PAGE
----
First as tragedy, then as farce?

One of the greatest frustrations I have with housing is its lack of unity when seeking to influence policy. In everything we do there are a myriad set of interests that are often directly competing against each other. If there is a means by which to do the same thing over and over in a million different ways you can bet your bottom dollar housing will find a way to do it. This is one of our great strengths, but also one of our biggest weaknesses.

Hell you just need to see the number of different award ceremonies there are to see this in action. Sometimes I wonder how the fudge we can actually get any work done. Awards don’t just occur, you bid for them, the same way you do for a contract or a piece of work. The only difference is you get a fancy dinner (that you pay for) a nice evening (that you pay for) and a chance to swan around with an award (that you have paid for in work hours putting the bid together). Don’t get me wrong, as a lad born and raised in a land distinctly lacking in diversity I appreciate the need (and benefit) of/for difference. But we seriously need to stop replicating crap for the sake of it.

I was intrigued by Hannah Fearn’s piece on the sector’s reaction to right to buy. Yes, there are some elements that have been a bit hysterical. There are some that do need to be slapped with a wet plimsoll and told to pull themselves together. However, you can’t blame a sector for reacting passionately against such a poor policy that (regardless of whether it will come to pass) would devastate the sector. In his book, this blog post gets its title from; Slavoj Zizek highlights Marx’s contention that history repeats itself. First as tragedy and then as… well, you get the idea. After the last 3 decades of leeching vital social housing via Right to Buy we need to ensure that this tragedy is not repeated as a farce. Though [insert deity of choice here] the guys and gals at CCHQ are giving it their darndest.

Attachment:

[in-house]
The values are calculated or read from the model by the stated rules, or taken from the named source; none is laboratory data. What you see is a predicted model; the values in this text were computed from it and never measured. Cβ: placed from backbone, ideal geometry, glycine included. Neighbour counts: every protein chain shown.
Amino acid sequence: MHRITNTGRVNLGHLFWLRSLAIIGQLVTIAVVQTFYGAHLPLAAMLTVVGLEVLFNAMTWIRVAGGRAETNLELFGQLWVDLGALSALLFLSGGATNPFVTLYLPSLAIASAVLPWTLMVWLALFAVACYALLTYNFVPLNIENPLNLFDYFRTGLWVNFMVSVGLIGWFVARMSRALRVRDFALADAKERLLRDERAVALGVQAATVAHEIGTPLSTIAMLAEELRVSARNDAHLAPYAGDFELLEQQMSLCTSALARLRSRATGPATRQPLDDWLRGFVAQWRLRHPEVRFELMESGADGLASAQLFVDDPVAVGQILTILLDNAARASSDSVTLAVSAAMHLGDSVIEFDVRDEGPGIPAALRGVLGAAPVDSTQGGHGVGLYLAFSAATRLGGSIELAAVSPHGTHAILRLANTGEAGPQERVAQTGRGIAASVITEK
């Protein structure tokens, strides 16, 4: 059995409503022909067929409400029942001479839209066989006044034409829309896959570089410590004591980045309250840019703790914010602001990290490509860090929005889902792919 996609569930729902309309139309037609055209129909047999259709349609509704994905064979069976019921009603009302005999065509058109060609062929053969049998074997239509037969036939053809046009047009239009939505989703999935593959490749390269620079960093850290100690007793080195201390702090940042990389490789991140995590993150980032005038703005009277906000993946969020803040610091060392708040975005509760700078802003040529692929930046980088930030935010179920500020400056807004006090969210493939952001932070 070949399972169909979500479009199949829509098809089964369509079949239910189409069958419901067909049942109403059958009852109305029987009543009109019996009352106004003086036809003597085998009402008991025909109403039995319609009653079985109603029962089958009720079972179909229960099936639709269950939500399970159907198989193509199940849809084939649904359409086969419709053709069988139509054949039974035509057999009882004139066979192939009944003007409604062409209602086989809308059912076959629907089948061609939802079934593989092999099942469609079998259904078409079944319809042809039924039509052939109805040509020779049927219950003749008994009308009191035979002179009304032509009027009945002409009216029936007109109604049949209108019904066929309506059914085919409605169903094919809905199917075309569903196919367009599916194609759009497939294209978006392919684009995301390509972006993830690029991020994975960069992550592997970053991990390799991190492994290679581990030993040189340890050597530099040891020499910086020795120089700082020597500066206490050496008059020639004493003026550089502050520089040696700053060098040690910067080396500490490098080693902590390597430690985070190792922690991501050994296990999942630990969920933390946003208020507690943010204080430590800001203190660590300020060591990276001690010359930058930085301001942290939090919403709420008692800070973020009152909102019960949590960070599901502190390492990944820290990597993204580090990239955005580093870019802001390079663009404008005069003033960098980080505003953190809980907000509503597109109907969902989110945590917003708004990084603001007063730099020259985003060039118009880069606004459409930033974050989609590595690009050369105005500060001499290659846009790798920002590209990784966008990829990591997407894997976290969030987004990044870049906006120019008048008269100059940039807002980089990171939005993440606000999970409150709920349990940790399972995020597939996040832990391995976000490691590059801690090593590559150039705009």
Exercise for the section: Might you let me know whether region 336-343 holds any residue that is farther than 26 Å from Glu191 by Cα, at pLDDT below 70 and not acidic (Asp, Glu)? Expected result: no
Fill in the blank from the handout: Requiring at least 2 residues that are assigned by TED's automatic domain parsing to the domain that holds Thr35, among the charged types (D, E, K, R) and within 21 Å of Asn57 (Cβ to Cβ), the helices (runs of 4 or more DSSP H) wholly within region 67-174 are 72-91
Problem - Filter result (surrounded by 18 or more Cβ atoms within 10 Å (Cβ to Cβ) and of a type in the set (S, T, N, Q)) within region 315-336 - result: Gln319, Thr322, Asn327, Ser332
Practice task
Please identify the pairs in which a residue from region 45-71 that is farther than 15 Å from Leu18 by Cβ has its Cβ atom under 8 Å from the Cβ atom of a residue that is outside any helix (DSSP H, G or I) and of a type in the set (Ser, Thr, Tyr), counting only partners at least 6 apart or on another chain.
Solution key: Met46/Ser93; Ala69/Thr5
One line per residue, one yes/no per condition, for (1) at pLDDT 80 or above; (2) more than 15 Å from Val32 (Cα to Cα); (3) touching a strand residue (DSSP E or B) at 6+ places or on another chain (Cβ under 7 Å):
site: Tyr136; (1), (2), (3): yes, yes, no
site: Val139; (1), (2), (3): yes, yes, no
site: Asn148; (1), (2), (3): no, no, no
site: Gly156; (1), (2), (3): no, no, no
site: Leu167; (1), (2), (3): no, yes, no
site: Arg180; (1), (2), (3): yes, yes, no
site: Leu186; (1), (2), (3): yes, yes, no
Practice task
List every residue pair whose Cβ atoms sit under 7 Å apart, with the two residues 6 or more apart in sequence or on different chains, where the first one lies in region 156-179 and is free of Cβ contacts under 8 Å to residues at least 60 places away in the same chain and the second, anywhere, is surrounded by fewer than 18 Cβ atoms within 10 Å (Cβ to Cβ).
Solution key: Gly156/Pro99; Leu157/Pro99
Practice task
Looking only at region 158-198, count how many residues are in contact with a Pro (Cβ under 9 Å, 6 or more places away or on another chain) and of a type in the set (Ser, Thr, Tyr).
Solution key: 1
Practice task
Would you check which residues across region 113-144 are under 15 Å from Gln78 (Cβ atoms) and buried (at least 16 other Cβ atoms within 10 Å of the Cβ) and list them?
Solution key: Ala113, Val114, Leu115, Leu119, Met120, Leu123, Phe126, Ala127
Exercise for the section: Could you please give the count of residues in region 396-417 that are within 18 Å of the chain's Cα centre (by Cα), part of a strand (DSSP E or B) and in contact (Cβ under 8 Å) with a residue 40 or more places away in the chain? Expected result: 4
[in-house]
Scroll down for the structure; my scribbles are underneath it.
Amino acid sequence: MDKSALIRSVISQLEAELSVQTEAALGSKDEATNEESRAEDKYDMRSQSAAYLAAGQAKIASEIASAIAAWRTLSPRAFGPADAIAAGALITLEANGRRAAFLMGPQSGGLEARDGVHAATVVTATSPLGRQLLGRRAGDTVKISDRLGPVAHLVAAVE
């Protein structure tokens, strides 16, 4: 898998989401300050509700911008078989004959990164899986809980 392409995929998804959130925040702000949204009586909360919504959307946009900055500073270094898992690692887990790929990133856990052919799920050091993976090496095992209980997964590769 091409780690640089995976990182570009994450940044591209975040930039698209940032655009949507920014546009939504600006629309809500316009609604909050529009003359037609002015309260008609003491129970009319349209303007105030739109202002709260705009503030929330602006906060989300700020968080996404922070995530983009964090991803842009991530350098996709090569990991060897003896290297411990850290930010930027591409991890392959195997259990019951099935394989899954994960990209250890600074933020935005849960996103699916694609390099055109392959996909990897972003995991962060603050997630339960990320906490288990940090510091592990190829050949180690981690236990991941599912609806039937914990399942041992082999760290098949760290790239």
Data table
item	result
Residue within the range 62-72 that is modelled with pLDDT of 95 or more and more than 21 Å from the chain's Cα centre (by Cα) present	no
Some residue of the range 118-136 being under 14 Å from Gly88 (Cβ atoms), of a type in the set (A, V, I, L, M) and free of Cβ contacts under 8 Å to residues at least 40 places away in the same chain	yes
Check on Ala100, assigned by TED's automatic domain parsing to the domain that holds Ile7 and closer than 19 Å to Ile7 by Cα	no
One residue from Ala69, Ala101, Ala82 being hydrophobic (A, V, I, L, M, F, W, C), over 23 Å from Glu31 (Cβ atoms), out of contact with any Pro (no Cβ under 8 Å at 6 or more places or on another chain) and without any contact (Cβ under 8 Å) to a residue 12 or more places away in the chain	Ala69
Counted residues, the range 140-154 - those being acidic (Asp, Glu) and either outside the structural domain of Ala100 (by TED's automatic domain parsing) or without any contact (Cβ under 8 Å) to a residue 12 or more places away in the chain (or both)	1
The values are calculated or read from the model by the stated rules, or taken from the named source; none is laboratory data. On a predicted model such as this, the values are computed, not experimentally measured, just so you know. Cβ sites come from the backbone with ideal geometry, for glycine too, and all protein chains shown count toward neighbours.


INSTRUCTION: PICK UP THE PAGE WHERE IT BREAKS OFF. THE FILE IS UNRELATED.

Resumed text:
What we must be more aware of is that screeching about how crap a policy is will do next to nothing to change it. It is the equivalent of Evangelicals turning up at your door to convert you. You are polite, you listen and (if you are like me) you then point out all the absurdities of the bible/their faith (yup, I’m that guy). In the end you despair and say, “Yes heaven and eternity with you guys sounds swell but I’m happy to be an atheist. At least if I am damned to an afterlife in hell it’s where all the cocaine, hookers and decent music will be…” They go away having achieved nothing and frankly so have you.

Realistically the best way to defeat the extension of Right to Buy will be via the complexities of its implementation. I can’t see this getting through the House of Lords intact, even if it does there is a very strong case for legal action. Though if anyone can get that damn impact assessment released (open government my arse) that would be ace. Any move against Right to Buy will need to highlight the cost of the status quo (i.e. the horrifically bad housing policy in this country) and the value for money we provide. Because at the moment people essentially just see us giving houses to Jeremy Kyle rejects (or foreigners if you are UKIP) paid for by their taxes. Lose public opinion and you’ve already lost the battle.

SHOUT, in conjunction with Capital Economics and the National Federation of ALMOs has put forward a strong argument to highlight our true value. They have also shown some grim figures around the potential cost to all concerned if we carry on our current course and the absurdity of some of Central Government’s thinking. The good ship ‘Make it up as you go along’ needs to change direction. I won’t go through the nitty gritty, Steven Hilditch has already done a cracking job of that. But if you wish to read it you can get your grubby mitts on here.

In the meantime calm down dear, it’s only a bullshit policy. One we can stop.

As always you can follow me on Twitter here or find me using the handle @ngoodrich87, you can view the rest of my blogs here.

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